Q: I wonder if you could help me identify the plant in the attached picture. It came up under a wax myrtle in our front a couple of years ago. I first thought it was a type of ginger – not I’m not so sure. The leaves only appear in the fall and remain green through January, when they then turn a dark red. Last July it put up a dark 12″ flower stalk with several small flowers on it.
A: My native plant expert Theresa Schrum says this is an easy one. “The plant in question is our native Cranefly Orchid, Tipularia discolor. You are very observant to note the leaves in the fall. They disappear in the spring and the flower stalk only appears in the summer. In good growing conditions they will multiply and are easily transplanted.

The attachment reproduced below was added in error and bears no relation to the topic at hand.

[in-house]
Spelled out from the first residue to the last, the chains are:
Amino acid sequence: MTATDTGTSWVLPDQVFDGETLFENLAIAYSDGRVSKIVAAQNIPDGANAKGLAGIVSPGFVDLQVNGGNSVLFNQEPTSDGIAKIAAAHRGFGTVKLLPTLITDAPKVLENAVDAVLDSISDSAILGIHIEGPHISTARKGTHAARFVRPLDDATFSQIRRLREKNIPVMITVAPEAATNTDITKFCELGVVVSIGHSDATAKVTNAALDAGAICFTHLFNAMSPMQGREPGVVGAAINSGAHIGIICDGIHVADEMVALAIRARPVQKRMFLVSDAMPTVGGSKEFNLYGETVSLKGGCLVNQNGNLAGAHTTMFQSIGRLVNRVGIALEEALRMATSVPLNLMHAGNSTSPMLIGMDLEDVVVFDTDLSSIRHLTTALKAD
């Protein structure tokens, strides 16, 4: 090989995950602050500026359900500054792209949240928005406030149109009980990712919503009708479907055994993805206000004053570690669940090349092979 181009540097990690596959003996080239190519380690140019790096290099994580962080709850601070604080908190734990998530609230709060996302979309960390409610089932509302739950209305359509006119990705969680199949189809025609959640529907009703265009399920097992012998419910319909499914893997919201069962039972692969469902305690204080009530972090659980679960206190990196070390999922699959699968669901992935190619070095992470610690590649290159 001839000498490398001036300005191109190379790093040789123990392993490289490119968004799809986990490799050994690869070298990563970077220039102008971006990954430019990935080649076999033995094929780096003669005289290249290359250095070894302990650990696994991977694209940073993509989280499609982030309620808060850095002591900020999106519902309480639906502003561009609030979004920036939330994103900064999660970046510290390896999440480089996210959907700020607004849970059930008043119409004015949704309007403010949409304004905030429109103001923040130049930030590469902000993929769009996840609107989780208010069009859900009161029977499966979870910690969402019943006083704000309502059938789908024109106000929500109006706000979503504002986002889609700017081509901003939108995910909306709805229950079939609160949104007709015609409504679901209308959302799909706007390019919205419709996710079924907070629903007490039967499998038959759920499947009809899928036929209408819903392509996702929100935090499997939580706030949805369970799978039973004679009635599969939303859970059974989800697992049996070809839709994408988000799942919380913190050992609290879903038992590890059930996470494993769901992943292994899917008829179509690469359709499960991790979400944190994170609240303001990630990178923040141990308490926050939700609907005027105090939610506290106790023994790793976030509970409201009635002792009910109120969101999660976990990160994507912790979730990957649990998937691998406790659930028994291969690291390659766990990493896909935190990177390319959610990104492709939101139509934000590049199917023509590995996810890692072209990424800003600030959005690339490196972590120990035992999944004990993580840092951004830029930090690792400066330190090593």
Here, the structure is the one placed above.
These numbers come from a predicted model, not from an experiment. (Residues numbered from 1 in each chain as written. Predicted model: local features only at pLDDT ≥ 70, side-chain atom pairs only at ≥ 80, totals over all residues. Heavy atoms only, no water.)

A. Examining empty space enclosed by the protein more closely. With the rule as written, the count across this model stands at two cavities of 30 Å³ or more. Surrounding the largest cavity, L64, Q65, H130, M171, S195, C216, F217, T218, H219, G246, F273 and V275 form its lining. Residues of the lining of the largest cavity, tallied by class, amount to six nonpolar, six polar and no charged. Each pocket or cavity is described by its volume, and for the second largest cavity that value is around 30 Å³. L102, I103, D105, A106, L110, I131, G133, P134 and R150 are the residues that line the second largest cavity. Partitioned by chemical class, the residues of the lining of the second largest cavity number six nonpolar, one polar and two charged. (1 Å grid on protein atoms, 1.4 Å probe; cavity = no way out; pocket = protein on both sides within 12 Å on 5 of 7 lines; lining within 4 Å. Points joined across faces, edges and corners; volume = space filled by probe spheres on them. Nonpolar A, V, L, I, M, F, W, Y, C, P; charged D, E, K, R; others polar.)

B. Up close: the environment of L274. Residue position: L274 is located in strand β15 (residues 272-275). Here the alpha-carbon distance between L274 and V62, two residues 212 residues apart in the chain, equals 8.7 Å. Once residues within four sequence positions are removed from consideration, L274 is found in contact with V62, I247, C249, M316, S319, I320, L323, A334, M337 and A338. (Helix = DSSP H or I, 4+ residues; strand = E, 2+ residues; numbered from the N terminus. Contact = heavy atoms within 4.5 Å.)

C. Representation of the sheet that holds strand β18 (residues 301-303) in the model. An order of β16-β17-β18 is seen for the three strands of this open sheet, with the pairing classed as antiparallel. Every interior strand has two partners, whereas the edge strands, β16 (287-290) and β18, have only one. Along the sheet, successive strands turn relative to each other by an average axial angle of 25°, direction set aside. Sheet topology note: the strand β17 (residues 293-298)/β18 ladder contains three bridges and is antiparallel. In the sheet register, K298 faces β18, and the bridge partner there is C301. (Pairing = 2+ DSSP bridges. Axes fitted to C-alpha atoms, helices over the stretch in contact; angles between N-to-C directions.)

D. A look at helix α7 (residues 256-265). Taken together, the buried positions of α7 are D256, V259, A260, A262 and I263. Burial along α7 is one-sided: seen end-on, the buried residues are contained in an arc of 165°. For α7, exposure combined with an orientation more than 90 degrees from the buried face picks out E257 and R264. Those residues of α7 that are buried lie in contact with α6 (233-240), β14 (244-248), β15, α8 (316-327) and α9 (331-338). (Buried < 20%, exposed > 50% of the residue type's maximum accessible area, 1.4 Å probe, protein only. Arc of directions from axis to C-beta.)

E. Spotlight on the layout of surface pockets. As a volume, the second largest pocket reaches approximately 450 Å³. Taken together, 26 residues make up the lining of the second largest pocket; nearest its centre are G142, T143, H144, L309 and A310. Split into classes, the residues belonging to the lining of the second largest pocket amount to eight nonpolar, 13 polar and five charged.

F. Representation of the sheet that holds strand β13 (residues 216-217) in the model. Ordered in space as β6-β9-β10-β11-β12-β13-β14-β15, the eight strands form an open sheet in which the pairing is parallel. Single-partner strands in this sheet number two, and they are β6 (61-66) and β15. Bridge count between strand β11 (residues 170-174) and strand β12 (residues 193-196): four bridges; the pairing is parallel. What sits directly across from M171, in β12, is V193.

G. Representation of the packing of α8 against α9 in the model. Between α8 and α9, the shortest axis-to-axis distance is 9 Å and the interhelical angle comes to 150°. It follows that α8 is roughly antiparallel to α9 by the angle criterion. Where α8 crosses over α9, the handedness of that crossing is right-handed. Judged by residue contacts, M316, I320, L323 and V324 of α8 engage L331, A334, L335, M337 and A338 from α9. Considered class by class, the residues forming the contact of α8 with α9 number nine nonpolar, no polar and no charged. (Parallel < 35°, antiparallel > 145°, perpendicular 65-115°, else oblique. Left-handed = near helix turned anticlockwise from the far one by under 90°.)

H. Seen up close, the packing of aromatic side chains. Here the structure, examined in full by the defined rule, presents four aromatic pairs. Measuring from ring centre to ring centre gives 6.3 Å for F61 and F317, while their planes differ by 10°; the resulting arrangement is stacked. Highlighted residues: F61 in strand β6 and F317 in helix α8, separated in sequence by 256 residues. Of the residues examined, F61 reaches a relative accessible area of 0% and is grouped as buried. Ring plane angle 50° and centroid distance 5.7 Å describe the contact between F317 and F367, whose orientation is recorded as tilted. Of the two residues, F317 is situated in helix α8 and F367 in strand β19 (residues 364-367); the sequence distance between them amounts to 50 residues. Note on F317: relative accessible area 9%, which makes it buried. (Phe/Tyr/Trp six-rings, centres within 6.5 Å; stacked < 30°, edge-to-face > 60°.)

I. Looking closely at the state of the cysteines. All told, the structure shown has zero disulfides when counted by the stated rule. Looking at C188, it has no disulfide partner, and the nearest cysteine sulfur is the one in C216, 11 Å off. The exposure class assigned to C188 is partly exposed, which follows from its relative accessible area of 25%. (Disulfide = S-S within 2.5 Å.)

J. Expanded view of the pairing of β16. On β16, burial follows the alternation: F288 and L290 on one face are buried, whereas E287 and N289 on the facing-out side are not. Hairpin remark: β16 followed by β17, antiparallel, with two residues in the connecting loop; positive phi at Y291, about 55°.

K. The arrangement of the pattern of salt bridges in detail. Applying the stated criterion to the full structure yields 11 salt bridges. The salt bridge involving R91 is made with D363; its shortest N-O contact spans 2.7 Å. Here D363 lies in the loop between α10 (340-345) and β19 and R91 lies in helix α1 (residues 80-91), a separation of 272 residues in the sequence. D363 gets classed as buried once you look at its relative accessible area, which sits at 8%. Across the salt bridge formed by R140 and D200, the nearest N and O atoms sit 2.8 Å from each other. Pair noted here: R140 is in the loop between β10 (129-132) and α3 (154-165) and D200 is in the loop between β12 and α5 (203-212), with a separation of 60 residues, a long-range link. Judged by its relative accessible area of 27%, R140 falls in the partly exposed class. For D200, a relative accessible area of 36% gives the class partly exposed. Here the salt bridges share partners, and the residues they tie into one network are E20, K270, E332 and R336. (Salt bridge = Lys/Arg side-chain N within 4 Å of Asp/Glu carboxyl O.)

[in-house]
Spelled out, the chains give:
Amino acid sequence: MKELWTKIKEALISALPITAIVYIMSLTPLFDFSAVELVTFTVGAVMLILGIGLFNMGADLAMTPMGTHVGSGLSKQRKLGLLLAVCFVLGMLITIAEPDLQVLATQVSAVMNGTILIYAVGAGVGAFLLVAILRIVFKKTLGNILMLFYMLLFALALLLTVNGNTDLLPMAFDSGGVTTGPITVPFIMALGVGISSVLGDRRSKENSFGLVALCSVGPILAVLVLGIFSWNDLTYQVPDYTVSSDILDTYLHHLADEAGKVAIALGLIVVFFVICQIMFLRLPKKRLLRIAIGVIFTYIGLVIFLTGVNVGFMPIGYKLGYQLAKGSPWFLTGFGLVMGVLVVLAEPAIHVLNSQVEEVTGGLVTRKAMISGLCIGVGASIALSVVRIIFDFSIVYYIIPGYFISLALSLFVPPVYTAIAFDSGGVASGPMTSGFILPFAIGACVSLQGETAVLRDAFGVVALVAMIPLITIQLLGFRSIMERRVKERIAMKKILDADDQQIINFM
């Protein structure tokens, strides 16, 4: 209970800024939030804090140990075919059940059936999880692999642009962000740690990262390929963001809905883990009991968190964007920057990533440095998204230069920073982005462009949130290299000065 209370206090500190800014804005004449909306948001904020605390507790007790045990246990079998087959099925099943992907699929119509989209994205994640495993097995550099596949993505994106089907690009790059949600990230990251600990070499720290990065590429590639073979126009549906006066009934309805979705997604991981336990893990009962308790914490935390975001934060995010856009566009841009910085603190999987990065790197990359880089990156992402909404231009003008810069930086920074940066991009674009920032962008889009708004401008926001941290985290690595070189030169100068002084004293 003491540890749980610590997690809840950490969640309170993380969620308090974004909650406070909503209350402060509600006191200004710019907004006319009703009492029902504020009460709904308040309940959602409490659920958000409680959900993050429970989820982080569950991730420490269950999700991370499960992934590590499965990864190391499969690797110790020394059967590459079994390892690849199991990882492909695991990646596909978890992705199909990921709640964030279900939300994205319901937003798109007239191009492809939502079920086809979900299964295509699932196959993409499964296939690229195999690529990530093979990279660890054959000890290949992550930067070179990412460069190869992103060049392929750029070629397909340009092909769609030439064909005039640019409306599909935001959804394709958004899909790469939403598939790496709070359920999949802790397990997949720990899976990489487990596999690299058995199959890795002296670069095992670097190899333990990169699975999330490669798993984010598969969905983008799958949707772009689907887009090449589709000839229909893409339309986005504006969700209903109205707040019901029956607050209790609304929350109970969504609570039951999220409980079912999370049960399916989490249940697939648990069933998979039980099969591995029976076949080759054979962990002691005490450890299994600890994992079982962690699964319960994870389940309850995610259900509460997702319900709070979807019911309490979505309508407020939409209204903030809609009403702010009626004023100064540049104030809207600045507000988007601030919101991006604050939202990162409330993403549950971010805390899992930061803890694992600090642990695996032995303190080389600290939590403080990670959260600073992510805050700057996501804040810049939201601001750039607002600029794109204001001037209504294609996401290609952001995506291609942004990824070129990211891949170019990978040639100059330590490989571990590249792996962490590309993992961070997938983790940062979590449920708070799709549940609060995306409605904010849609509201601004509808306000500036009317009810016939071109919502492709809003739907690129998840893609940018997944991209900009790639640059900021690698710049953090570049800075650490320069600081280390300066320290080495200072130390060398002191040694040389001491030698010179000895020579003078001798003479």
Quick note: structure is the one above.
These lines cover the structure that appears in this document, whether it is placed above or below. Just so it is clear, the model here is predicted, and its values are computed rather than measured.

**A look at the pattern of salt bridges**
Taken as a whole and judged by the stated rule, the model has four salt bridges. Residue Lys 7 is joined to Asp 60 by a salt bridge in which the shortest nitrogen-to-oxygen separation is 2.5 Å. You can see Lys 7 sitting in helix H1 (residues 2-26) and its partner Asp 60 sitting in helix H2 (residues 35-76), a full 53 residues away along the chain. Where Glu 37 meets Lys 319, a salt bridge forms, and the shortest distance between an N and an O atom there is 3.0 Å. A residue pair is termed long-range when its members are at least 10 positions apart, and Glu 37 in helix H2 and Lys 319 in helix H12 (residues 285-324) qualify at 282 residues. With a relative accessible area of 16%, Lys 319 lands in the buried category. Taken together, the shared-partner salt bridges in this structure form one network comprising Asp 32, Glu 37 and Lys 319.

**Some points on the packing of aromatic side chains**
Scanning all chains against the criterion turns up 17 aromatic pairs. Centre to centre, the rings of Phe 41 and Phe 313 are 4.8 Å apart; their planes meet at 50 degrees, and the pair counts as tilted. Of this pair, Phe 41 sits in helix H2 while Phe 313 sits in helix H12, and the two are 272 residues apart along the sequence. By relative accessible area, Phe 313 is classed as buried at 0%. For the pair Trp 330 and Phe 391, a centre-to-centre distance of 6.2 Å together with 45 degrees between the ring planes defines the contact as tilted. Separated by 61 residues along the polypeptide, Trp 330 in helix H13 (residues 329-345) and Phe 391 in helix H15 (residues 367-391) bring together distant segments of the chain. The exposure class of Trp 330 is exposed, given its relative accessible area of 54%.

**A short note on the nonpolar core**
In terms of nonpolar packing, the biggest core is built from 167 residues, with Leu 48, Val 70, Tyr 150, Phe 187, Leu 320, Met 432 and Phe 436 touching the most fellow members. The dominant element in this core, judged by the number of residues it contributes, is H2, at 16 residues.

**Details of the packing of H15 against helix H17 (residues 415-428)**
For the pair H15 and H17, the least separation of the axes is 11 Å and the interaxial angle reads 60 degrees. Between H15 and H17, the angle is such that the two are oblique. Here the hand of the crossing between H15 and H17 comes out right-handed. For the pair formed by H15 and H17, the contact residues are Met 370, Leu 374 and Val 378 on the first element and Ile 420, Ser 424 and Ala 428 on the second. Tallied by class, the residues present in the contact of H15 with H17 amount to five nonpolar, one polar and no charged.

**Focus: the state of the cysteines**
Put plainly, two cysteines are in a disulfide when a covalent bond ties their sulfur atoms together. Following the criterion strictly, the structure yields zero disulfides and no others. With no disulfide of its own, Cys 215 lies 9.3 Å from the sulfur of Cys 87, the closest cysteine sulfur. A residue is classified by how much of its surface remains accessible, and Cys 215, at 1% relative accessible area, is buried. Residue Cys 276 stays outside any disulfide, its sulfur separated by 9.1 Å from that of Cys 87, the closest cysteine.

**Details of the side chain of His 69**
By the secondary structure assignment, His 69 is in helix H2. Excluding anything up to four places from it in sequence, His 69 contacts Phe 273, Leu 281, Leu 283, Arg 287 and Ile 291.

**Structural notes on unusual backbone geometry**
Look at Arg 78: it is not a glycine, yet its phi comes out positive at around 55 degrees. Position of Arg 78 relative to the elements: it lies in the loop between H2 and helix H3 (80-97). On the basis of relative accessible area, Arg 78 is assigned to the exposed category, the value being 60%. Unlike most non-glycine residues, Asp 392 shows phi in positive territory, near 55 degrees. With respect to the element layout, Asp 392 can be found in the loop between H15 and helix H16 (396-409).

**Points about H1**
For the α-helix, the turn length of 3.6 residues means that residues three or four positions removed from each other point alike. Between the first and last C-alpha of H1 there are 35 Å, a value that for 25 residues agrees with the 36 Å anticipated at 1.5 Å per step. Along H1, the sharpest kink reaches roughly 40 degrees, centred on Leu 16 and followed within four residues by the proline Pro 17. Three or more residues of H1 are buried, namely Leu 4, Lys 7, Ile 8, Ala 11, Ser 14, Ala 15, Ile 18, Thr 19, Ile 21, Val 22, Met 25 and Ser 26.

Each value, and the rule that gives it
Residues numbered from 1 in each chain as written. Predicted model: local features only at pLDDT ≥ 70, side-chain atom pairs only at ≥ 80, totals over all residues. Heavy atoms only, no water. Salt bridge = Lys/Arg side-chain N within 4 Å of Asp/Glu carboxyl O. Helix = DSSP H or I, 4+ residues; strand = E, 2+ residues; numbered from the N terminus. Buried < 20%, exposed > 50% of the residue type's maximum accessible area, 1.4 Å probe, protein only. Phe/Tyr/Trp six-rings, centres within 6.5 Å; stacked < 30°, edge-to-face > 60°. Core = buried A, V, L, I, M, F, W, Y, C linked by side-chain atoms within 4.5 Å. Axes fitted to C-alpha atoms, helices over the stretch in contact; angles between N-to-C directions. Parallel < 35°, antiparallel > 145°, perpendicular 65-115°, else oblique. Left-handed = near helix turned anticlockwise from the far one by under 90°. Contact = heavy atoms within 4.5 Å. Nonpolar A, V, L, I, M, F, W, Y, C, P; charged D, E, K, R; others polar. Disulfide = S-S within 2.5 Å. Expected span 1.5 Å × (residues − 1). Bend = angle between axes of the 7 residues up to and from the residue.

Of note in this species, there is much variation in the coloration on the upper side of the leaf. They range from solid green to green with purple spots and stripes. Less commonly seen are those that are solid purple on the top (the undersides are always solid purple).
This link has more information: